My dear Madam
I went yesterday & return’d Mr. E’s sermons to Mr. Lyman’s <
to> Mr E was there, & gave him the thanks which the President sent—I promis’d to pass the day with Miss L. & came home to say so—Your kind letter was then handed me—Susan came here & wrote you I too wrote a few lines which were seal’d in her’s to go yesterday but the stage-man had gone when they were sent—Mr. G. has just call’d & taken the letter. You will perceive that I was agitated when I wrote—I did not so soon expect to hear that all was settled & beside the words “I consider the die as cast” spell bound my imagination: & fill’d me for the time with fears that the happiness of my dear Caroline was at the decission of a chance throw—but I have had time since to reflect more calmly, to her brothers hands her destiny has been committed I think—& he is acquainted intimately with the gentleman, he too knows full well the virtues of his sister & is tenderly interested in her welfare & would not I am convinced suffer his strong desire to have her near him to influence his judgment—I am at ease therefore as to his character & situation—there are however peculiarities of mind & feeling wh’ no one is without & which should be known before an engagement so solemn should be entered into—for this personal knowledge is necessary & I do not think the opportunities have been to either party sufficient & I shall not consequently allow myself to let anything transpire respecting the affair—it is Carolines request as well as yours—. You think Caroline has not personal attractions we Bostonians think differently & I am more convinced that I am right since she has taken another heart by storm—for there has not been time for a regular attack by all the forces of her mind & heart, whatever the conquored may imagine. What a changing world we live in! my date reminds me that just at this time one month “one little month” since, Caroline was first introduced to this man whose hand is to mark out her future course & upon whom she is to depend for her earthly happiness principally; would that her sainted mother could now sanction what is done & comfort & encourage her beloved child, but we may not question the kindness of our heavenly Father with Caroline I am thankful that you & her other dear friends are left to advise & comfort her—. I had cherish’d fondly: a hope that her future life would be pass’d near us, to cheer & to be cheer’d by us in affliction & that with her cup of rejoicing ours might be mingled. it will be hard to part with her—but the shade which it will throw over my future prospect < shall> will not prevent my sincere gratitude for the brightness if may diffuse over hers That she will be a blessing & a great blessing too—to whoever she is given I have always said & that is may please heaven to make her husband one to her is the fervent prayer of her & your affectionate & sincere / friend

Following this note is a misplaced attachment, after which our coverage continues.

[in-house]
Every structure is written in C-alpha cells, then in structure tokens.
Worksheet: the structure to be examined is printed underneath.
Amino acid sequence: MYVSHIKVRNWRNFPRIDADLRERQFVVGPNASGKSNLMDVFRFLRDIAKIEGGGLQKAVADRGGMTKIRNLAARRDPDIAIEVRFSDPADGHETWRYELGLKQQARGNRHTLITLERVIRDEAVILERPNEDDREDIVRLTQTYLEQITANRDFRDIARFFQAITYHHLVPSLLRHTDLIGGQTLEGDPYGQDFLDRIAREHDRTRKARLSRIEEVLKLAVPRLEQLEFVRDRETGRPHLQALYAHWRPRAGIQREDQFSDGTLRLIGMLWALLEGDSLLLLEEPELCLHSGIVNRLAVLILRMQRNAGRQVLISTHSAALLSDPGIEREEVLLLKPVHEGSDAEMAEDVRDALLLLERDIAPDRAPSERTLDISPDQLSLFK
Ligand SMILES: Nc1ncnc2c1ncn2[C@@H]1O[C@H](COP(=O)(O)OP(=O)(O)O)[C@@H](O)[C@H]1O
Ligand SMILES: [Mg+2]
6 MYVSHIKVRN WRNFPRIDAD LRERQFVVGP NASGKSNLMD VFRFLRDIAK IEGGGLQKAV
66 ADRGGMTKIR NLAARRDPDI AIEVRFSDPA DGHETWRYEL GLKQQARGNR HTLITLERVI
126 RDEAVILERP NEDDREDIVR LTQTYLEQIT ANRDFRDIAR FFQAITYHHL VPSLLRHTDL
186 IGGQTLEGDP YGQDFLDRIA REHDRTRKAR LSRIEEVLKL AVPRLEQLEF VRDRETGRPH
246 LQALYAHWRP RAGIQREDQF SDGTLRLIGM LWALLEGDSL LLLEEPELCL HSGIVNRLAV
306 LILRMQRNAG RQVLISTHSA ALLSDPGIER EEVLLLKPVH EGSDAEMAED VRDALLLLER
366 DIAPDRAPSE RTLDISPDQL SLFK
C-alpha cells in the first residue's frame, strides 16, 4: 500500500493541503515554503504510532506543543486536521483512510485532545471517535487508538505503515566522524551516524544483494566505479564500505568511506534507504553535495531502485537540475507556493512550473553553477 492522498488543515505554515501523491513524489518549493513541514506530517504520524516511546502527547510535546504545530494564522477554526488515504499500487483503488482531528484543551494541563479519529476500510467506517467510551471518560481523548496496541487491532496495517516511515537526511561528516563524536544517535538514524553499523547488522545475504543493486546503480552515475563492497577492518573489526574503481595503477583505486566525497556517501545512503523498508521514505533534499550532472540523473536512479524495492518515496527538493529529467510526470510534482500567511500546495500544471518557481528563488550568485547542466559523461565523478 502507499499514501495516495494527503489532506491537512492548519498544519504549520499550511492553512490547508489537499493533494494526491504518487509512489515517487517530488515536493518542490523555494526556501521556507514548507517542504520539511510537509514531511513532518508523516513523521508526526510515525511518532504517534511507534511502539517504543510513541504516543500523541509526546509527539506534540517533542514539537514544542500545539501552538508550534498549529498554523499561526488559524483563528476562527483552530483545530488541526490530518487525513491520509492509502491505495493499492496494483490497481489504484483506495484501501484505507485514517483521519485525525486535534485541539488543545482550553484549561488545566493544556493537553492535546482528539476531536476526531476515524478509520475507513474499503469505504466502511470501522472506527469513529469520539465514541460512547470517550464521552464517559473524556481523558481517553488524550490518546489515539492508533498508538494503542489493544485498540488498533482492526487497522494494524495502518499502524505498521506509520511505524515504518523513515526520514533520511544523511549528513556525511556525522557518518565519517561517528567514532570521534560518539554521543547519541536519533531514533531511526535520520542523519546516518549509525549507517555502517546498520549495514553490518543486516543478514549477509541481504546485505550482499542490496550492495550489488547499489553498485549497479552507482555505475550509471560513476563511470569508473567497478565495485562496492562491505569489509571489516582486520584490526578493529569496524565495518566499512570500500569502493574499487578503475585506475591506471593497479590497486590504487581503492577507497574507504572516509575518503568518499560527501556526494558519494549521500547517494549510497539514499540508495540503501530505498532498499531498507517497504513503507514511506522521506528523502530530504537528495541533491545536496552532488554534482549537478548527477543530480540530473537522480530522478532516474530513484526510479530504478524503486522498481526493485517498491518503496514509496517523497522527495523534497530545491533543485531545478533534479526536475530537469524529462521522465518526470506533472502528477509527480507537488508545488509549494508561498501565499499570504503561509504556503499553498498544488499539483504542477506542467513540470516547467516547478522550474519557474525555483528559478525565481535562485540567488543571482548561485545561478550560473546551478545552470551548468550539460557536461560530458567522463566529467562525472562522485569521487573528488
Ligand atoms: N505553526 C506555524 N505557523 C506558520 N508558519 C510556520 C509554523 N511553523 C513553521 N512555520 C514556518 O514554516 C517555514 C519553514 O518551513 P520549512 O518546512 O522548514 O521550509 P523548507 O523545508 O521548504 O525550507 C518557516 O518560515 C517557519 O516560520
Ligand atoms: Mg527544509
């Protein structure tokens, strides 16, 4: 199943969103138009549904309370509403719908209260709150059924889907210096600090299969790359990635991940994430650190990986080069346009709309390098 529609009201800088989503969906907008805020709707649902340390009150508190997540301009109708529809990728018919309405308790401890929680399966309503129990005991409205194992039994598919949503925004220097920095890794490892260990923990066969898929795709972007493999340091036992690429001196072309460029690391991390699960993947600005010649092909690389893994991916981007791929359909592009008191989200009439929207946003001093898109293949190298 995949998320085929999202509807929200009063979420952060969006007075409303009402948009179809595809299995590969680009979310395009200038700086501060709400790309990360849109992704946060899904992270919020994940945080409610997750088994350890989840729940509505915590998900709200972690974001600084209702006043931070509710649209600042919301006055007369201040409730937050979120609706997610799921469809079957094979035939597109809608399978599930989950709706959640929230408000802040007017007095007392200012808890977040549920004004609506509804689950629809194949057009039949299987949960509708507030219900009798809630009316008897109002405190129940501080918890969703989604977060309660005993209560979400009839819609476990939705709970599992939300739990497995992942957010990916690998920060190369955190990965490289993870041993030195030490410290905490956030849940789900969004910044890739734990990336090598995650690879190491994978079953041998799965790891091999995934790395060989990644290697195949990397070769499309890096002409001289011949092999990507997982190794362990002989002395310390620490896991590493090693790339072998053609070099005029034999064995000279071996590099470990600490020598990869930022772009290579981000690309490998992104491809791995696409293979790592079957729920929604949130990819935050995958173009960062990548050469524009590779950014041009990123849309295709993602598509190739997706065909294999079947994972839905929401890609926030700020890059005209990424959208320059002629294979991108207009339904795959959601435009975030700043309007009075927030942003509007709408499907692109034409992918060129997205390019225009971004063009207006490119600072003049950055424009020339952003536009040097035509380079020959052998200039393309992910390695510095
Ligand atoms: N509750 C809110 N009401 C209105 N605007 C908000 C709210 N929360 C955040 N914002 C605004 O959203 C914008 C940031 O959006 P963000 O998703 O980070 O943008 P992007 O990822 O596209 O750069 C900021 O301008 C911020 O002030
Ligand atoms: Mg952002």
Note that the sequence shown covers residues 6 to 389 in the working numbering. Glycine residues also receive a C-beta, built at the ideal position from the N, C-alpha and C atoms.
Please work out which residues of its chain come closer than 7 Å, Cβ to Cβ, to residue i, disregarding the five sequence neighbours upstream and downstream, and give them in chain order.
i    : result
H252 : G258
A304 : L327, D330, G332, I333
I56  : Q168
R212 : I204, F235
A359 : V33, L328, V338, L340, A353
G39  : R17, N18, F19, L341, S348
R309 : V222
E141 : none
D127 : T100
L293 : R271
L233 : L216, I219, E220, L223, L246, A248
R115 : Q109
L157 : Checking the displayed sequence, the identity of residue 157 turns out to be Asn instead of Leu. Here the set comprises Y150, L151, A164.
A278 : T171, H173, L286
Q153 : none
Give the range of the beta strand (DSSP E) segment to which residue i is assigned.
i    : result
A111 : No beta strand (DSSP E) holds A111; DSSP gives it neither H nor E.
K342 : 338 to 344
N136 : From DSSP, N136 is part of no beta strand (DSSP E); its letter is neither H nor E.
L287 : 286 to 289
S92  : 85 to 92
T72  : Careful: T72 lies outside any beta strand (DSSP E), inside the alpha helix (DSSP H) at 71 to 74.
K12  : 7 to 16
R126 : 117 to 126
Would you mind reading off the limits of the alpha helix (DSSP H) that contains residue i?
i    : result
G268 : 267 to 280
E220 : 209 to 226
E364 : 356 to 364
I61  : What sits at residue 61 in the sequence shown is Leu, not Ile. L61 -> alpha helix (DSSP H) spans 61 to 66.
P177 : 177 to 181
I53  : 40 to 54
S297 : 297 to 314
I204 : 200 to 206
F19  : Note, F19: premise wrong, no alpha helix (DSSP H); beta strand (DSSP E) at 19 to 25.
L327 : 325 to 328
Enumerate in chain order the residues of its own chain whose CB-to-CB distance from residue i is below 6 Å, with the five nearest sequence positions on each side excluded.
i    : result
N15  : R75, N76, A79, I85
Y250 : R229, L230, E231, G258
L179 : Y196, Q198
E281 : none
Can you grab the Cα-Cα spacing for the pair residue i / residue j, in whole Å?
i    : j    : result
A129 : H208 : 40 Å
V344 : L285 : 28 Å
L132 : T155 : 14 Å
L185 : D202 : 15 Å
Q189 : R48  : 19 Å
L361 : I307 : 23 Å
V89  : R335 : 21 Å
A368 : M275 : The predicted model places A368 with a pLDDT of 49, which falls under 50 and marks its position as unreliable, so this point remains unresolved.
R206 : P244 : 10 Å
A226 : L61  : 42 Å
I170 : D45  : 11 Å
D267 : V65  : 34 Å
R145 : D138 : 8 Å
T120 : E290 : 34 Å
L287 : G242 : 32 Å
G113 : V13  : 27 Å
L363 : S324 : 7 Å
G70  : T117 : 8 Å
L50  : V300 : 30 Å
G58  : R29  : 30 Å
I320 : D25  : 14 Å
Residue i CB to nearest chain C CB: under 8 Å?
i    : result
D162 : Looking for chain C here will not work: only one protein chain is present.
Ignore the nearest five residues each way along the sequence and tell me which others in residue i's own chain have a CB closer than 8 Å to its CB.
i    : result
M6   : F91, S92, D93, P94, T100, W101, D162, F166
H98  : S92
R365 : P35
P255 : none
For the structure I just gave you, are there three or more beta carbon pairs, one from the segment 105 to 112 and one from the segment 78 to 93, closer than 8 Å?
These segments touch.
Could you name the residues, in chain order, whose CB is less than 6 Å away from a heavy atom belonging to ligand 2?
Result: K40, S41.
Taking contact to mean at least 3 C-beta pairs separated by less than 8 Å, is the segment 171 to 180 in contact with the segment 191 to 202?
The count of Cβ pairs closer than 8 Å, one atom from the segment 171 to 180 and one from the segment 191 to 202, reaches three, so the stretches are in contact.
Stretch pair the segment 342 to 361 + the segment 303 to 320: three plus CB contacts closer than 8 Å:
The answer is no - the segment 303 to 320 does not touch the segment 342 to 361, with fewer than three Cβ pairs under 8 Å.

MHi: Adams Papers.